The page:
is a repro of a Red Star Line (Antwerp – Dover –New York) postcard now
published by TransAtlantic Research and based on original graphics from the
Charles Ire Sachs Collection in the USA. In this 1907 illustration of a bridge
foursome on a cruise ship, the guy in the sunhat flashes the ace of hearts surreptitiously
to his lovely partner, presumably to indicate his affection for her! Now hosted
by well know (and some less well known) bridge players and teachers, bridge on
cruise ships have become extremely popular over the past decade or so, with
several cruise companies including bridge as a supervised social and learning
activity in its brochures, even putting advertisements in bridge magazines.
of a set of six Lance Lance Thackeray 'Oilette Remarque' " Bridge
Illustrated" series RT9062 published by Raphael Tuc, the caption "An
Absolute Dummy" is clearly indicative of the monocled gentleman's passive
stance (is he dithering or just shy) when the gorgeous and demure ladies
by hsi side are amking eyes at him and hopiong he would make his move.In the end
sketch he appears to have missed the boat and looks a proper Charlie when
the two ladies walk out on him. The comments at the back of the card are also
amusingly read "Hardly fair is it -two to one. I daresay bert could manage
a few more Bert must have been quite a
The opening up of the postcard back for a message as well as the address from
1902 onwards allowed Thackeray to expand his art from the ealrier and clever
Write-Away designs with Tuck to the entire front. The Oilette Remarque
series, with illustrated marginal notes, were characterised by bonus drawings at
the side of the main design, tkaing the form of a visual pun or denoument, which
typifies the satire of the artist. The 'Bridge Illustrated' series subtly and
comically illustrates some of the terms familiar in Bridge such as dummy, dealer
etc. A bridge postcard (Wednesday- bridge) also appears in the later
"In The Smart Set2 series RT9158
Another card from the Raphael Tuck "Bridge Problems
with Punch series titled "Bridge Amenities" and illustrated by Howard
Somerville. It shows four sophisticated ladies indulging in the
following bit of gossip with a cheeky bit of innuendo during play: "Is
Florries engaegement really off then?"
"Oh yes, Jack wanted to give up gambling and
smoking, and goodness knows what else. How absurd!!" (editors note :- some
things never change)
Smoking was clearly very fashionable in those days
(nowadays it is frowned upon at most bridge tables) and the tbales pictured on
many of the postcards are of good quality and now antiques of great value. (and
the author would like to lay his hands on one of these tables - any offers ?
This postcard is from the Nostalgia Postcard
Collectors Club set and advertises a brand of chocolate, with brief details on
the verse on the history of bridge.
"A Good Call" is one of a set of
"Bridge Expressions illustrated" published by Davidson Bros as series
6099. The designs were by Rene Bull (1870-1942). This nseries amusingly
illustrates some of the various comments made when playing bridge. the finely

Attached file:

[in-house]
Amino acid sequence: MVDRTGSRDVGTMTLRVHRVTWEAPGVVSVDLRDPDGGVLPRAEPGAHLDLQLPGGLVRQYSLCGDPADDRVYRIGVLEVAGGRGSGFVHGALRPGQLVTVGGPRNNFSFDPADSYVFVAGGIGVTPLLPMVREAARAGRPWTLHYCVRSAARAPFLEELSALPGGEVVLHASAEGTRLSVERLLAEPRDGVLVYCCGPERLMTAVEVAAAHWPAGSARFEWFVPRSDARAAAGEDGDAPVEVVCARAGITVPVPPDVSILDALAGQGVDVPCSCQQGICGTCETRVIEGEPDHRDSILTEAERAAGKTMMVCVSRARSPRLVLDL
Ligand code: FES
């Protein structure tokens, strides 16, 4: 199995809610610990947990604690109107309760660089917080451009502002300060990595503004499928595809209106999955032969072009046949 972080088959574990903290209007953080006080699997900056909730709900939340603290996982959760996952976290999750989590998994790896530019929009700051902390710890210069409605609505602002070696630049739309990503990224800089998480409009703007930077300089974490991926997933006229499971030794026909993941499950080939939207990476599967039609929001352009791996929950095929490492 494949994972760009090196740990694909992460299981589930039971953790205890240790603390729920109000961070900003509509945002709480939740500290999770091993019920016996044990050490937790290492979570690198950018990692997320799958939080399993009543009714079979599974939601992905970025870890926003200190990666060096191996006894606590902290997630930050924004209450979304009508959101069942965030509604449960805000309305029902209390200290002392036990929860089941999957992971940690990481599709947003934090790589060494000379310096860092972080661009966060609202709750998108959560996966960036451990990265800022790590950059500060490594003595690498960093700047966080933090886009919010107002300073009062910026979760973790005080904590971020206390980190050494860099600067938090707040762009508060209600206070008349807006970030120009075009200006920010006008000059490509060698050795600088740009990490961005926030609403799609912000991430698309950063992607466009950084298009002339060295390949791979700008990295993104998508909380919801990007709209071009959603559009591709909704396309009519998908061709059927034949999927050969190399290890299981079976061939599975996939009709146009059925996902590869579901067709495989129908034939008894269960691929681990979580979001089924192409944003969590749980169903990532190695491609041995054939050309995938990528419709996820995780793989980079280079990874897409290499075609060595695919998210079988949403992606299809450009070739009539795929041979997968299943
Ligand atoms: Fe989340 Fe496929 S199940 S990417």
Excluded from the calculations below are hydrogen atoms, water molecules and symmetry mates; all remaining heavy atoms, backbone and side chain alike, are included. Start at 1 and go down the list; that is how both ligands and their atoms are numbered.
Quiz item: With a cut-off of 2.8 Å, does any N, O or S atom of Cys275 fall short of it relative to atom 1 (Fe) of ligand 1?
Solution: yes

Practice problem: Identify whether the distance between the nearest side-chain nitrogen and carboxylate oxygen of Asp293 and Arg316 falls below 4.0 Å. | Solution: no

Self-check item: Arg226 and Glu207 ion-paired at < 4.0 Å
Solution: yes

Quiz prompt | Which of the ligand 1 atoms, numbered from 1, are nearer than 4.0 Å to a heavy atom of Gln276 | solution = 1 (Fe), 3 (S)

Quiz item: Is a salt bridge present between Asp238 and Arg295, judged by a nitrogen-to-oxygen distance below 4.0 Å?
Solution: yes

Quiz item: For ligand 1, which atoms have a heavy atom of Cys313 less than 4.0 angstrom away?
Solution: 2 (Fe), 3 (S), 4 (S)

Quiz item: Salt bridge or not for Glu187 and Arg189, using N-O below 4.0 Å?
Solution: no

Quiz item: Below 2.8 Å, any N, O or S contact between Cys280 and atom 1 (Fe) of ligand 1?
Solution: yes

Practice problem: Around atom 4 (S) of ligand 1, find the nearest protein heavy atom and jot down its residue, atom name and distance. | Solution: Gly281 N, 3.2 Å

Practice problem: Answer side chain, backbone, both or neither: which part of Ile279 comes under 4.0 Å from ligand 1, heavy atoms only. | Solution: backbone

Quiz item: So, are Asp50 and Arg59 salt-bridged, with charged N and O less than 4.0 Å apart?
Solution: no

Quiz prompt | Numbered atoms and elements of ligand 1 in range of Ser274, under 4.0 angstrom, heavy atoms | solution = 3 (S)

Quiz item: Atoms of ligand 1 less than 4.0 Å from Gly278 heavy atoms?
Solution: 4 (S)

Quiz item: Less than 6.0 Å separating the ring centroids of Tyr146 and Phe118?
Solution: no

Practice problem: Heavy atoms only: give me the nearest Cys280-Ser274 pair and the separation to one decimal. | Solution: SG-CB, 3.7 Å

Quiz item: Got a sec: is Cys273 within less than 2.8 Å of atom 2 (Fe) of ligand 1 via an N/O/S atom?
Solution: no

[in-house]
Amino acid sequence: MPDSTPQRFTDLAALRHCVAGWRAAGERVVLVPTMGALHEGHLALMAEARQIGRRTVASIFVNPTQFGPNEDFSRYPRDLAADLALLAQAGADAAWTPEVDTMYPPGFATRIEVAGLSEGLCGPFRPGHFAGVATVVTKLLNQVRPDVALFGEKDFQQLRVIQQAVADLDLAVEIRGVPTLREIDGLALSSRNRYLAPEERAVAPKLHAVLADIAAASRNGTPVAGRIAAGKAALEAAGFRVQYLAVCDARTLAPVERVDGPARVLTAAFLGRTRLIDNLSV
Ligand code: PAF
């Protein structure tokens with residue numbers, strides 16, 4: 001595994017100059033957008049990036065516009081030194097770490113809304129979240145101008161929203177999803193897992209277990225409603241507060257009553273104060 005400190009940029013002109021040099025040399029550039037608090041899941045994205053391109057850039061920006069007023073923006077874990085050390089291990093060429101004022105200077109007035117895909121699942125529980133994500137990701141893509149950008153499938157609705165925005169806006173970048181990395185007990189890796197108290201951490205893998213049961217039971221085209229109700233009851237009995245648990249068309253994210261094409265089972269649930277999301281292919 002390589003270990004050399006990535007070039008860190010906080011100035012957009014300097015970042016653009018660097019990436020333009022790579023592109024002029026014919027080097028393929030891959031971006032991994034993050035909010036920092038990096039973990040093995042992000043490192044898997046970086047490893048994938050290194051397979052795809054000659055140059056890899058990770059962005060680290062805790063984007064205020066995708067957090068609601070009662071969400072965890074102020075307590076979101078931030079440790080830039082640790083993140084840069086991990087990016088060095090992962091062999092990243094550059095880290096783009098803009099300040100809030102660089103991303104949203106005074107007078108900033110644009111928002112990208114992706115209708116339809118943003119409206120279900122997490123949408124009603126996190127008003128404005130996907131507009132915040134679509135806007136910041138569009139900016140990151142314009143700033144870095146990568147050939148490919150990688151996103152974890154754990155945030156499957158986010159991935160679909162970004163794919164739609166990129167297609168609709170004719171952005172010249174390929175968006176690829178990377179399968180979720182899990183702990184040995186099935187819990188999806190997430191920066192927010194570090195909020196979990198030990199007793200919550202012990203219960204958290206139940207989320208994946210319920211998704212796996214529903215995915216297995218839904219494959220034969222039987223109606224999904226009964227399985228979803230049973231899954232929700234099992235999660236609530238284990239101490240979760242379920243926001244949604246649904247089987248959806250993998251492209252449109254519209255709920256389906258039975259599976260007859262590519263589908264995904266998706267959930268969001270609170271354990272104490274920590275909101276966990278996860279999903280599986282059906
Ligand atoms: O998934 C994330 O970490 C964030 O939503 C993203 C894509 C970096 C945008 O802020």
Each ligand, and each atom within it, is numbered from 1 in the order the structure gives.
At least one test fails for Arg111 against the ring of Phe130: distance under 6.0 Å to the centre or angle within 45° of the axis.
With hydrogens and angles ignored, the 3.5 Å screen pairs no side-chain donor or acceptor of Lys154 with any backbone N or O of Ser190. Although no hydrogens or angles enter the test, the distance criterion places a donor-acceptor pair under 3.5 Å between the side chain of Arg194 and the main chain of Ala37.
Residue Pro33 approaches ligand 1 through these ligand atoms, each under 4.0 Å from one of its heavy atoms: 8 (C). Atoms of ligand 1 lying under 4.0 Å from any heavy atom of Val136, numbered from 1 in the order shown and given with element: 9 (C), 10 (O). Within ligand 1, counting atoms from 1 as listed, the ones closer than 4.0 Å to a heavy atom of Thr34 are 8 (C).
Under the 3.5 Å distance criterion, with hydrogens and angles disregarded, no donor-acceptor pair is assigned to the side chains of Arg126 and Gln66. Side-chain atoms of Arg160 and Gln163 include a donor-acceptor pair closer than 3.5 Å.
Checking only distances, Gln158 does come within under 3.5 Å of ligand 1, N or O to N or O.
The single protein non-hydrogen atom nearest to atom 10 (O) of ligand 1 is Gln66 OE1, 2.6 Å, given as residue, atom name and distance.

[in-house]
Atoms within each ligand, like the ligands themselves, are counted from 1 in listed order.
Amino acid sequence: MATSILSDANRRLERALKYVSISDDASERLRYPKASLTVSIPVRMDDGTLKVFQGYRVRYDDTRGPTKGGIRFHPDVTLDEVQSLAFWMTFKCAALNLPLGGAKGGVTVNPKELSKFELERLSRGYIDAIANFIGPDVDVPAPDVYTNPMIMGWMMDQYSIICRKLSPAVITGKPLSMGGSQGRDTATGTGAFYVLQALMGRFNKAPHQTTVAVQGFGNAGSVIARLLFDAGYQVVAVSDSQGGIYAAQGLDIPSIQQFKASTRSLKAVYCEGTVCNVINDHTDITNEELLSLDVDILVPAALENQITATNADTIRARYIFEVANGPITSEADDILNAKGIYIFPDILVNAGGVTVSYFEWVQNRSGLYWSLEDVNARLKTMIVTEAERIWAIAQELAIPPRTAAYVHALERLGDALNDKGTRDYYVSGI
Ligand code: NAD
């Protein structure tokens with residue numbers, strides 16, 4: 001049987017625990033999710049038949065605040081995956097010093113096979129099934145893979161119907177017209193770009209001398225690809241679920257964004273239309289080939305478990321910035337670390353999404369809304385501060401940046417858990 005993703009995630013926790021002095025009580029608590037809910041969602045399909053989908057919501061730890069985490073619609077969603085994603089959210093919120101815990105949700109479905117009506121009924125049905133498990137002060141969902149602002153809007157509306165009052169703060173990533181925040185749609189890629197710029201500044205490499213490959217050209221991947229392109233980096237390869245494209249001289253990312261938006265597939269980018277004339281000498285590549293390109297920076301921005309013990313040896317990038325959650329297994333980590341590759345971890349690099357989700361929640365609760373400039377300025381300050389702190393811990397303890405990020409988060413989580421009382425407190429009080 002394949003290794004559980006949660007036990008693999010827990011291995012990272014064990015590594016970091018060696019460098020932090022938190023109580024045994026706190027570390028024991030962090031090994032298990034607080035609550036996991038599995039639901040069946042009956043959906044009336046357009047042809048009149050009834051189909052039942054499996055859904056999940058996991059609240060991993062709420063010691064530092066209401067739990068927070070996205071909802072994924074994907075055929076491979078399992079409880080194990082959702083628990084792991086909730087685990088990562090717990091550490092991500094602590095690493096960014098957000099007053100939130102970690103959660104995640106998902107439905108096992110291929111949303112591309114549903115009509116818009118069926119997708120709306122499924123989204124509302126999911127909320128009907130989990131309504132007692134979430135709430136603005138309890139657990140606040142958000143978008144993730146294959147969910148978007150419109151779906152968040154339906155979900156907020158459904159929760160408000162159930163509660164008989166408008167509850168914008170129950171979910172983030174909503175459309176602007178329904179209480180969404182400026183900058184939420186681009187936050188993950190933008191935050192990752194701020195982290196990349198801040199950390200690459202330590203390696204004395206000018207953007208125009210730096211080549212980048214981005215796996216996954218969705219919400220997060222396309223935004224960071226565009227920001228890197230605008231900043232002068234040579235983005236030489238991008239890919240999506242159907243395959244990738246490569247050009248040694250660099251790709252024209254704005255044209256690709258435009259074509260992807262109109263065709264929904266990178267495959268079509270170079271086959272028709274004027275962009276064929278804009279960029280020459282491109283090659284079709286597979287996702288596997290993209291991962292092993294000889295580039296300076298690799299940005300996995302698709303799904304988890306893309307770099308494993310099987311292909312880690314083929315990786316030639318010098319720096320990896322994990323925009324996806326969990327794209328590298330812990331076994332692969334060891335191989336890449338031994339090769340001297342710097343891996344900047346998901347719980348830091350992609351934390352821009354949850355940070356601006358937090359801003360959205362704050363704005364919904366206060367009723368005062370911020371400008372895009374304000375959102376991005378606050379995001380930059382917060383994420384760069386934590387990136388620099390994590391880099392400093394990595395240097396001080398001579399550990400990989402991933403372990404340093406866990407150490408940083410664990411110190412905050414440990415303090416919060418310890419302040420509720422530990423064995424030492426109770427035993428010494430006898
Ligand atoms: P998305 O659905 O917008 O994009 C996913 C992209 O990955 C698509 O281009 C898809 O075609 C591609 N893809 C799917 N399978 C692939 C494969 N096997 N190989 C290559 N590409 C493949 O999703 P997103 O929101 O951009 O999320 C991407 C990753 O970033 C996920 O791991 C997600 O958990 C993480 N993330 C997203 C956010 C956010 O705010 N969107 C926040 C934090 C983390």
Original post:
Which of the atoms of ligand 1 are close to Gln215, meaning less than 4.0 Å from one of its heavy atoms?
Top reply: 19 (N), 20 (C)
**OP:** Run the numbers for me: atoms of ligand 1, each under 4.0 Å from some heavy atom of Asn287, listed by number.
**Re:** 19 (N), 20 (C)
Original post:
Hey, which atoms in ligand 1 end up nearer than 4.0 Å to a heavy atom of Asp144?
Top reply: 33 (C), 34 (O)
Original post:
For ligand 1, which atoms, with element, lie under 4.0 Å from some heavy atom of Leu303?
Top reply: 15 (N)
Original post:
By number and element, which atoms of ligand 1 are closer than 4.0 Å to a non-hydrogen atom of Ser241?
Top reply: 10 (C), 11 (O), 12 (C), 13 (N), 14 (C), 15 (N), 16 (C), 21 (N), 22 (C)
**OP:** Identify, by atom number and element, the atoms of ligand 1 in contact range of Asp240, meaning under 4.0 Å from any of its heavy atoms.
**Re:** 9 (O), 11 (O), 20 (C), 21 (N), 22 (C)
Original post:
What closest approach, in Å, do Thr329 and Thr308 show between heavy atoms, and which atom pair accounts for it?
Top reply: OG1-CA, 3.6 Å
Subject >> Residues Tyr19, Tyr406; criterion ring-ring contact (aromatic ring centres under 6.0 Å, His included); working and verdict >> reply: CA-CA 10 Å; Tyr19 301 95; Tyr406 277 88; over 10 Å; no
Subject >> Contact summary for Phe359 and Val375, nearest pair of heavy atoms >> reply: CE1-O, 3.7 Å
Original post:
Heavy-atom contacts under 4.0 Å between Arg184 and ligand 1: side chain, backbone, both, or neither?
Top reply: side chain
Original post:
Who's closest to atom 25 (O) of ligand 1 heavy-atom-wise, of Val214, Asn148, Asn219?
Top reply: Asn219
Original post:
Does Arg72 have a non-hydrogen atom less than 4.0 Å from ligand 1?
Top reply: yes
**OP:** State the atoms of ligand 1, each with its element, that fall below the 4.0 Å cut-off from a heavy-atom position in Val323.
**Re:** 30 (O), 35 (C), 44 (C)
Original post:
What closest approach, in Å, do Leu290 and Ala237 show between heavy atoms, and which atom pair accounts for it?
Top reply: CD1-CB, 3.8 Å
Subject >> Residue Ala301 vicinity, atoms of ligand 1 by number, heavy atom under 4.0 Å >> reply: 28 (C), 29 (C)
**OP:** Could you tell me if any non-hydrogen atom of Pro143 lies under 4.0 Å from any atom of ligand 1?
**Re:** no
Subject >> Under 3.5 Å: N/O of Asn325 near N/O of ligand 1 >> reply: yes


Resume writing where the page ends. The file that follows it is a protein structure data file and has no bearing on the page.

designed postcard illustrated here was posted in Sheffield in July 1904 with the
pertinent comment :"Oh dear me-do stop that alarm -am so very tired-think I
will wait for the next train"
This is an unknown black and white postcard from a
photograph showing four elderly grey-haired Indian women "playing a
Rubber". Bridge is very popular in India with the middle and upper classes.
This unusual postcard "Symptoms of the
east" is autographed by Omar Sharif and Zia Mahmood probably the most
famous bridge players in the world
This Oilette card from the Raphael Tuck in the Bridge
Problems from 'Punch'" series drawn by L Ravenhill "Who doubled No
Trumps ?" shows disagreement on bidding between a pompous and irate pair
(while their opponents appear smug) sound familiar ???
This postcard (series2504) published by James
Henderson & Sons Ltd London and captioned "Happy Moments at Bridge.
When this is your hand and its your call" the artist was Thos Downey and it
was posted at Woolwich in February 1911. Would you bid 2C here ?
In the first picture "Reliable Series 9no 9335)
bridge postcard was published by William Ritchie & Sons, presumably as part
of a series on card games. A Bridge is plain to see in the background and if you
look carefully the suit symbols can be seen in various forms on the card
The centre picture shows a postcard printed in
Germany but probably of USA origins since it has a NY January 1910 postmark. The
pun in the caption "Girls make young men look like chumps, in the game when
hearts are trumps" is obviously on the Hearts suit.
The final picture by the artist Savile in series 526b
shows couples playing against each other in elegant dress. Perhaps married
couples playing bridge together don't always argue !!
"Spades are Trumps" postmarked in August
1907, is one of a set of six illustrated Bridge DB2597 designed by Tom Browne
for Davidson Bros. (the remaining postcards were provided by David Pearlman of
London who is also a collector of all picture postcards)
In his typical down-to-earth sense of humour style,
with graphical associations to biddable suits, Tom Browne, or Tom B, as most
collectors knew him was born in Nottingham in 1870 and, at fourteen, began an
apprenticeship with a firm of lithographic printers. After a trial period, he
was apprenticed to a designer for the princely sum of a shilling a week, and it
was then that he discovered he had a flair for drawing. After moving to London
and struggling to make a living at first, his luck changed. His biggest break
came when his humorous cartoons were accepted by Punch and at the age of
26 , one of his paintings was accepted by the Royal Academy,
The other cards below are from the same Illustrated
bridge Series by Tom Browne and these card are kndly doanted to this page by
David Pearlman of London.